After deciding which type of equipment is right for you--but before purchasing a unit--you'll need to find an Internet access provider that is an inexpensive (local) phone call away. (See the sidebar "Choosing an ISDN Service Provider.")
DOUBLE THE PRICE
We've quoted various throughput numbers that range from 56 to 128 Kbps, which results from the myriad ISDN configurations and equipment. Some ISDN switches work only at 56 Kbps and not at 64 Kbps, depending on the software the central office switch runs. Often, older versions don't support 64-Kbps data connections. The 12% difference in performance between 56 Kbps and 64 Kbps is barely noticeable, though.
Also, some ISPs can use only one of the two B-channels in the ISDN connection; others use both, but your equipment's setup may not be able to handle it. Ask your ISP what arrangement of gear will work--there is no other way to know ahead of time. Most ISPs that offer bonding also charge you twice as much for it: Double the data rate, and you double the price.
There is work underway on a protocol, called Multilink PPP, to standardize the way two channels are used. But many vendors haven't yet implemented these standards. Again, before you get your expectations up about performance, check with your ISP and find out exactly the type of connection and configuration it supports.
The ISDN situation is improving rapidly: Phone companies, flush with newly found deregulation religion, are now motivated to deal with data users. Some have even begun their own efforts as ISPs: Pacific Bell announced in February that it will offer its own Internet service in major California cities. AT&T has also begun to offer residential Internet access. Others have started to work more closely with system integrators. Nynex, for example, now outsources all of its order-taking and fulfillment of ISDN lines to a rotating series of integrators. This tends to improve service because customers get to deal with ISDN experts fluent in digital technology.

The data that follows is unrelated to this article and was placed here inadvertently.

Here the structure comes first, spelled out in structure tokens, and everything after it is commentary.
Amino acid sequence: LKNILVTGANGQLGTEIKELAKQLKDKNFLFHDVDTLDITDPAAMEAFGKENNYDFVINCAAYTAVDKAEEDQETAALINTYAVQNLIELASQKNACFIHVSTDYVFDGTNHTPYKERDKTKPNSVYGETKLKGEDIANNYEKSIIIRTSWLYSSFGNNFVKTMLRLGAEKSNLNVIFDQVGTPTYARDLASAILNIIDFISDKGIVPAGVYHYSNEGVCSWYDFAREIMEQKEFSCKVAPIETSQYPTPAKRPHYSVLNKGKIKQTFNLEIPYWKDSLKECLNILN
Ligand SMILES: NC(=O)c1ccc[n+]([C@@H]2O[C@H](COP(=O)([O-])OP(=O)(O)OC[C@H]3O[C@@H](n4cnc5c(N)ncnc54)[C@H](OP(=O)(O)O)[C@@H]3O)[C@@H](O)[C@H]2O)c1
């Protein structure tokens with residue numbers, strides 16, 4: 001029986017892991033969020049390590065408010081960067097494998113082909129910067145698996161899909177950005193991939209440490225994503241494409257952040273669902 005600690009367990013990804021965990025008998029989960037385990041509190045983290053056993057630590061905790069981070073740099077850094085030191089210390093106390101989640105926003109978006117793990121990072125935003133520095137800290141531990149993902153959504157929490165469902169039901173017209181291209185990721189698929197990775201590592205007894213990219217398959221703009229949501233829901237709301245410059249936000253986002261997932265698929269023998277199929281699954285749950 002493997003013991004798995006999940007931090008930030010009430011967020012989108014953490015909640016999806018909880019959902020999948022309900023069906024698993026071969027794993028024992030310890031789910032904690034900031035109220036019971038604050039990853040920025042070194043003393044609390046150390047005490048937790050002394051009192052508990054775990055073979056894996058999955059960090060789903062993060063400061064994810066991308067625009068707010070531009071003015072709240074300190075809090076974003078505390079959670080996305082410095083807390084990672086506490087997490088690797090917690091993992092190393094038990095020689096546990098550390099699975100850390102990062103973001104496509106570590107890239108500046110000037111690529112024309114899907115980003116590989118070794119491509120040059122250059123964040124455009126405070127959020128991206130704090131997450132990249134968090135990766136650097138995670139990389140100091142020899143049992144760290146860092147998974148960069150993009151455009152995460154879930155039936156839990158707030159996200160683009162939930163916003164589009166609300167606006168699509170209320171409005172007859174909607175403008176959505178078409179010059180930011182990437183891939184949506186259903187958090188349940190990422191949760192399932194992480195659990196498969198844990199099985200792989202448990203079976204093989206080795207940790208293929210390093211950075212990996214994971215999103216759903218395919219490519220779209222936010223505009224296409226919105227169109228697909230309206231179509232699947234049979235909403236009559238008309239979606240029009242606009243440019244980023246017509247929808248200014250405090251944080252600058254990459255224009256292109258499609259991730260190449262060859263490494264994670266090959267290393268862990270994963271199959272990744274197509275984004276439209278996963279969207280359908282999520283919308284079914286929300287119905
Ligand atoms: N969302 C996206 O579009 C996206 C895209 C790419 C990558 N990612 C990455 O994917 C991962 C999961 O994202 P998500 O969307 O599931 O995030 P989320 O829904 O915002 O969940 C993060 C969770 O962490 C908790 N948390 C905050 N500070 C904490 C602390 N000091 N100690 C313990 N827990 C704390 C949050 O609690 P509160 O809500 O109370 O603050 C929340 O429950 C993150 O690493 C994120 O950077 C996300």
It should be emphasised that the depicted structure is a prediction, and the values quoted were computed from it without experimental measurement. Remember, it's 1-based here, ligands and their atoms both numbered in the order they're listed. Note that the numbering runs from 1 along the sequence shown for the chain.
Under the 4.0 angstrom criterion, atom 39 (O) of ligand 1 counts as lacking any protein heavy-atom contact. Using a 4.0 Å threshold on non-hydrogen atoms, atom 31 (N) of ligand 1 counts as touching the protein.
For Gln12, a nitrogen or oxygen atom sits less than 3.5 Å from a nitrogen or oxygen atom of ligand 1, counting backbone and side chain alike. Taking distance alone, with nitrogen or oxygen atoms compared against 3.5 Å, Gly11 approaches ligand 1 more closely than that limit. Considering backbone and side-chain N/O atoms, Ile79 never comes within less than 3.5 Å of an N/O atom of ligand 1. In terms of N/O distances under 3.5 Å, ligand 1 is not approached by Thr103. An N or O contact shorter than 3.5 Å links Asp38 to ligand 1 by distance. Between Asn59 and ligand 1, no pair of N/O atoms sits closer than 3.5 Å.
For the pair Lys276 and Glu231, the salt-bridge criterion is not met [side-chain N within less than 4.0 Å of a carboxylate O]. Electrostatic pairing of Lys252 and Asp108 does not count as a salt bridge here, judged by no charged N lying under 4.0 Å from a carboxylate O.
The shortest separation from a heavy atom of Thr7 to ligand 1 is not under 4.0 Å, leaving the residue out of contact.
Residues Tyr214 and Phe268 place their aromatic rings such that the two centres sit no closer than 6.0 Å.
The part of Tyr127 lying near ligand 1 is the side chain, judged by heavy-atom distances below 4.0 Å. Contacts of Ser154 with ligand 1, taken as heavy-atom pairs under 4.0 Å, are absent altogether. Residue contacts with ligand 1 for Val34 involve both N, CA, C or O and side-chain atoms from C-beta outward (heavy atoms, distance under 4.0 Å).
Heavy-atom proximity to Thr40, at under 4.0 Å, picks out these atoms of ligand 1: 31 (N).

ISDN products are also getting better, given that demand is reaching volumes predicted over a decade ago and end users are demanding less cryptic command-line interfaces. International usage also helps: Japan is almost completely digital, and so is most of Europe. Finally, there is lots of activity on the ISP front: More are opening up their networks to offer ISDN access, and those that already have it are expanding the number of areas in which they offer ISDN service.
BRI A Basic Rate Interface is an ISDN service that provides up to two bearer (or B) channels of 64 Kbps each, plus one 9.6 Kbps delta (or D) channel for signaling and control. Individuals usually choose this type of ISDN service.
ISDN adapter An internal card that connects the computer to the ISDN line. It runs at the speed of the system bus.
ISDN modem An external or internal device that connects the computer's serial port with the ISDN line. It's limited to the speed of the serial port.